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Tom Savini

Stunt Performer, Film Director, Actor, Makeup Artist, Photographer, Author, Special Effects Artist,
© Stefan Borggraefe
Wikimedia / CC BY-SA 3.0 ]
Thomas Vincent "Tom" Savini (born November 3, 1946) is an American actor, stuntman, director, and award-winning special effects and makeup artist. He is known for his makeup and special effects work on many films directed by George A. Romero, including Martin, Dawn of the Dead, Day of the Dead, Creepshow and Monkey Shines; he also created the special effects and makeup for many cult classics like Friday the 13th (parts I and IV), Maniac, The Burning, The Prowler and The Texas Chainsaw Massacre 2. Savini directed Night of the Living Dead, the 1990 remake of Romero's 1968 Night of the Living Dead; his other directing work include three episodes of the TV show Tales from the Darkside and one segment in The Theatre Bizarre. As an actor and stuntman, he has appeared in films such as Martin, Dawn of the Dead, Knightriders, From Dusk till Dawn, Grindhouse (Planet Terror), Machete, and The Simpsons (as himself). --- Savini was born in Pittsburgh, Pennsylvania, and is of Italian descent. He was raised in the Catholic religion and graduated from Central Catholic High School. As a boy, his inspiration was actor Lon Chaney, Sr., and Savini attributes his earliest desires to create makeup effects to Chaney and the film Man of a Thousand Faces. Experimenting with whatever medium he could find, the young Savini practiced creating makeup effects on himself, later convincing his friends to let him practice his craft on them. He also discovered another passion, acting. Combining his makeup applications and homemade costumes, he especially enjoyed scaring his friends. Savini attended Point Park University for three years, before enlisiting in the United States Army. He appeared in stage productions throughout college and continued on stage after his tour of duty in Vietnam. Savini served as a combat photographer during the Vietnam War. He continued to practice with makeup in Vietnam, often frightening indigenous peasants by appearing to suddenly transform into a "monster". Using the lens of his camera, Savini separated himself from the real life horrors of war; however, all the images still haunted his mind. Savini said his wartime experiences influenced his eventual style of gory effects: "I hated that when I watched a war movie and someone dies. Some people die with one eye open and one eye half-closed, sometimes people die with smiles on their faces because the jaw is always slack. I incorporated the feeling of the stuff I saw in Vietnam into my work." In 1970, while on guard duty, a flare was triggered in the jungle area Savini was watching. Against military protocol, Savini fired into the bush without informing his superiors. Other soldiers likewise began firing until a duck wandered from the bush completely unharmed. Due to his failure to follow orders, Savini was taken off guard duty from his bunker on the following evening. That same evening, the bunker came under attack and several soldiers were wounded or killed. As a result of this incident, Savini earned the nickname "Duck Slayer" and to this day will not eat duck. After his tour in Vietnam, he attended Carnegie-Mellon University, as the first undergraduate to be awarded a full fellowship in the acting and directing program. Among the many talents Savini achieved as a young man was the art of fencing. Much of his stunt work and some of his characters reflect these graceful abilities; however, he is also accomplished with a bull whip and many of his characters have been bikers or madmen who are hardened and eerily evil. --- Savini is primarily known for his groundbreaking work in the field of special makeup effects. His signature realism livens otherwise plodding genre films. Early in Savini's career, Dick Smith became an inspiration and a guide, later becoming an associate at Savini's Special Make-up Effects Program. Among other projects, Smith is known for his groundbreaking work in The Exorcist. Savini got his breakthrough working with Pittsburgh filmmaker George A. Romero, providing a convincing wrist slashing effect in the opening scenes of Martin (1977). The following year, working with an larger budget on Dawn of the Dead, Savini created his signature palette of severed limbs and bite-marks. In the 1980 slasher film Friday the 13th, Savini expanded his repertoire of blood and gore. He continued to perfect those techniques in another film that year, Maniac. Along with the 1981 films The Burning and The Prowler, Savini earned the nickname "The Sultan of Splatter". In 1982, he created more traditional horror effects in the film Creepshow directed by George A. Romero and written by Stephen King. In 1984, he agreed to work on Friday the 13th: The Final Chapter, where he killed his creation Jason Voorhees. Returning to the zombie genre in 1985, Savini was nominated and won the 1985 Saturn Award for Best Makeup Effects for his work on the Romero's Day of the Dead. --- As an actor, Savini has appeared in many of the same films he was creating effects for. His first appearance was a relatively straight, innocuous character in Martin in 1977; however, he played a menacing biker called Blades in his next film Dawn of the Dead (1978), a role he reprised in zombie form with a cameo appearance in the 2005 continuation of the series, Land of the Dead. In the 1980 film Maniac, his brief role in the film found him facing the maniac's shotgun and having his head blown off in a spectacular display. Savini had a much more prominent role as biker and antagonist Morgan, the Black Knight, in George A. Romero's Knightriders (1981).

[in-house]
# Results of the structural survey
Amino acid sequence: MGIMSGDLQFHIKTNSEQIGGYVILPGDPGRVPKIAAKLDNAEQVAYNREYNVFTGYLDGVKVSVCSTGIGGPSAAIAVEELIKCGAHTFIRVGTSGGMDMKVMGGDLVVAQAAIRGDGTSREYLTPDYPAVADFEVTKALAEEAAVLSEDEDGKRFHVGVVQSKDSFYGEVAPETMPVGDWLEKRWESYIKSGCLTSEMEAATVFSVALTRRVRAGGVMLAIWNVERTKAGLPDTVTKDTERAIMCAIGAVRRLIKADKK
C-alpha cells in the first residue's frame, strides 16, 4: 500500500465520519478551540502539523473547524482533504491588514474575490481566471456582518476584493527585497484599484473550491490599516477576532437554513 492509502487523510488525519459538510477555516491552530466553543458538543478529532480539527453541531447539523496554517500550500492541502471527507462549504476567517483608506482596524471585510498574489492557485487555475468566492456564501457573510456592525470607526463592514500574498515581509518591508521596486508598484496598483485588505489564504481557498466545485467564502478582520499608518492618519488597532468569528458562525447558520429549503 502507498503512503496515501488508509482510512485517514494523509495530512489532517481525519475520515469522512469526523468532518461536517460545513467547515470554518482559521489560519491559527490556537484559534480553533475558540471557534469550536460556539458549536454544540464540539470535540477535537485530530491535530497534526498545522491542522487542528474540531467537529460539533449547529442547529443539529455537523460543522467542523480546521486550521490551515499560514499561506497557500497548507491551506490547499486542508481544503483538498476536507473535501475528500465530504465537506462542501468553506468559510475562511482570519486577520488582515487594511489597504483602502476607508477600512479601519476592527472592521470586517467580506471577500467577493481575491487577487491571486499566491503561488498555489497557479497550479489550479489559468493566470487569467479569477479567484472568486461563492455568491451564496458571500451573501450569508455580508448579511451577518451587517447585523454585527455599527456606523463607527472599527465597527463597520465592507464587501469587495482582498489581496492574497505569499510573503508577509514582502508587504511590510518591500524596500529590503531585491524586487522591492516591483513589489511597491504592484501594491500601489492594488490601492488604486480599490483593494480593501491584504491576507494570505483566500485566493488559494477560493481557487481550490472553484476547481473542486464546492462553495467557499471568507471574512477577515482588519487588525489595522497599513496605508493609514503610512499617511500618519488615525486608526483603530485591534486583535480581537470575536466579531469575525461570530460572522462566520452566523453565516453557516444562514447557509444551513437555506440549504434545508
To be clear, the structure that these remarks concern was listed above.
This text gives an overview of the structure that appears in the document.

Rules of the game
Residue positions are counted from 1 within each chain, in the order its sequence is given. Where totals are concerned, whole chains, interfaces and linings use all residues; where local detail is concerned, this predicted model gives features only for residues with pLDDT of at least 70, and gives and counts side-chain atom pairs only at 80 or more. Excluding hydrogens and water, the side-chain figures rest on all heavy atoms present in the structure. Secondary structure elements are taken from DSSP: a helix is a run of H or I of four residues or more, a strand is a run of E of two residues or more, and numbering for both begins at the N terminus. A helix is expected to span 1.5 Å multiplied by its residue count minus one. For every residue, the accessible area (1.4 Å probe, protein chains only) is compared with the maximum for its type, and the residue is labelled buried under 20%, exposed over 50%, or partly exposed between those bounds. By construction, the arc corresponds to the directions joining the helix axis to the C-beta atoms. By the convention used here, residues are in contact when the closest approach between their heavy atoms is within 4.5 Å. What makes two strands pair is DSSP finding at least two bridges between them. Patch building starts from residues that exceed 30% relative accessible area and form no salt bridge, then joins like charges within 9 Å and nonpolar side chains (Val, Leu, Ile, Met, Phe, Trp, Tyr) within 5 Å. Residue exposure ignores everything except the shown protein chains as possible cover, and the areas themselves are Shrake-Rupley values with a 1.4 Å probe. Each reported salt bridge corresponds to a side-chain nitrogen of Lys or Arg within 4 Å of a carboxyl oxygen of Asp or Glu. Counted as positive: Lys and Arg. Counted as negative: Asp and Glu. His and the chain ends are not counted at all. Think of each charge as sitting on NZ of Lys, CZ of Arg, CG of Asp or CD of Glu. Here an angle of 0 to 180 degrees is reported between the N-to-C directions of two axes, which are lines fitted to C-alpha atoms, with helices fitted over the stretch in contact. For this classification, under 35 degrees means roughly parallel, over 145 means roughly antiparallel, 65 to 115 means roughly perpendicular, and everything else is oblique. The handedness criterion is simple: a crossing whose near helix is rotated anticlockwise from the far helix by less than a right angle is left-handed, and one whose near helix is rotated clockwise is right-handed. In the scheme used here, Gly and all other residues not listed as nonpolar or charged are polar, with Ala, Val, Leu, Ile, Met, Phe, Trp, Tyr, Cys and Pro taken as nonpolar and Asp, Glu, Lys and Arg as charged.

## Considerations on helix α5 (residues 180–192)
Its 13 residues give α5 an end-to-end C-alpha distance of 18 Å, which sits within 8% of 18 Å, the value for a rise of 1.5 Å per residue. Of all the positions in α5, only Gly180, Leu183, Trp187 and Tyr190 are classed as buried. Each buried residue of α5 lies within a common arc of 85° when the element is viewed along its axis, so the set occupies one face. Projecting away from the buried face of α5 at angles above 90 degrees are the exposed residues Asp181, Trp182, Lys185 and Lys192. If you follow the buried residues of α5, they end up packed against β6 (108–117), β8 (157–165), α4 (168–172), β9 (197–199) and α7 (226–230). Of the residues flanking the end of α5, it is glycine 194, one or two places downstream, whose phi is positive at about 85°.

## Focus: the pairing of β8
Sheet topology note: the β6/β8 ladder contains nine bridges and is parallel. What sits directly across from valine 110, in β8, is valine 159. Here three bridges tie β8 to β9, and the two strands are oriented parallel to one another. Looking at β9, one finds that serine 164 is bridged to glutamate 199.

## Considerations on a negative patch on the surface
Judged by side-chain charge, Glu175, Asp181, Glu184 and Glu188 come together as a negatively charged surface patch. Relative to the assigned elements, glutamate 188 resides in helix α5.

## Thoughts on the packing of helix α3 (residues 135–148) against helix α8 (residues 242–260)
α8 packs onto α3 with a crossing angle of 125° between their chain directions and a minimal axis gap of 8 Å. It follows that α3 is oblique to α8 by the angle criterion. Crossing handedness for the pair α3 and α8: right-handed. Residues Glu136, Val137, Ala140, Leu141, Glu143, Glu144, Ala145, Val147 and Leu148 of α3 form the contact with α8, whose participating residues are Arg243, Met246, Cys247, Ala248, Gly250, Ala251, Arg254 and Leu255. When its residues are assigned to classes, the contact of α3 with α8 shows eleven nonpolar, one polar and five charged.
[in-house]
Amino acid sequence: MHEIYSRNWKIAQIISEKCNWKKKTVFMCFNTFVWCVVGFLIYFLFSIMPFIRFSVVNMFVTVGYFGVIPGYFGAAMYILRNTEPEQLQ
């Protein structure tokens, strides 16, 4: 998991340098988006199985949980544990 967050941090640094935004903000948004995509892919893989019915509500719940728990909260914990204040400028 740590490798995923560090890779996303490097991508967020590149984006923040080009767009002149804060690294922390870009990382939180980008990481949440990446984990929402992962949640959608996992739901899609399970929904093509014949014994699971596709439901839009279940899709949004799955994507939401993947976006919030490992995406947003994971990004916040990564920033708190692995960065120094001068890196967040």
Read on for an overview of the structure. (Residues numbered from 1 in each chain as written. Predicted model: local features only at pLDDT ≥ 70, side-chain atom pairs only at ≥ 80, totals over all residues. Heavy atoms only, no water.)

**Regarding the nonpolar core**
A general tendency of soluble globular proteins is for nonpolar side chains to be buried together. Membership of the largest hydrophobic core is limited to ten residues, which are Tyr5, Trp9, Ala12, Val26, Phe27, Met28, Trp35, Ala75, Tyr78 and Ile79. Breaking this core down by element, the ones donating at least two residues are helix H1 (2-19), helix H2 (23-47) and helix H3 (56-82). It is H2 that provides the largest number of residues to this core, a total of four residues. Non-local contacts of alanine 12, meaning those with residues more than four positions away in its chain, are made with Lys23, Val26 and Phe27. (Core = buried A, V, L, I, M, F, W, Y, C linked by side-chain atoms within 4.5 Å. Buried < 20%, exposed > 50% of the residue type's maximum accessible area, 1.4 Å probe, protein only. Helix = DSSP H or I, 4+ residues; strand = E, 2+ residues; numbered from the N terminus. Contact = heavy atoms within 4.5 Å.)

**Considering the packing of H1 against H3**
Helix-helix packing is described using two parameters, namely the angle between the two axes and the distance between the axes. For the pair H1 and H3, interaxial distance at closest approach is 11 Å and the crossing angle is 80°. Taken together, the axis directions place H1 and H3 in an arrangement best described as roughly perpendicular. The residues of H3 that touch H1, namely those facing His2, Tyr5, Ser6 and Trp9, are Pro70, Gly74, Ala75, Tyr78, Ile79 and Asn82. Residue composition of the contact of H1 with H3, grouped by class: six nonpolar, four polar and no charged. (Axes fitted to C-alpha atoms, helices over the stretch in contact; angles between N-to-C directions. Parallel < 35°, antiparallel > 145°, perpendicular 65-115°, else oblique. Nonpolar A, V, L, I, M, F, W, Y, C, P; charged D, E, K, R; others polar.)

Wikipedia ]

Born
Thomas Vincent "Tom" Savini
November 03, 1946 (age 77)
Profession
Stunt Performer, Film Director, Actor, Makeup Artist, Photographer, Author, Special Effects Artist,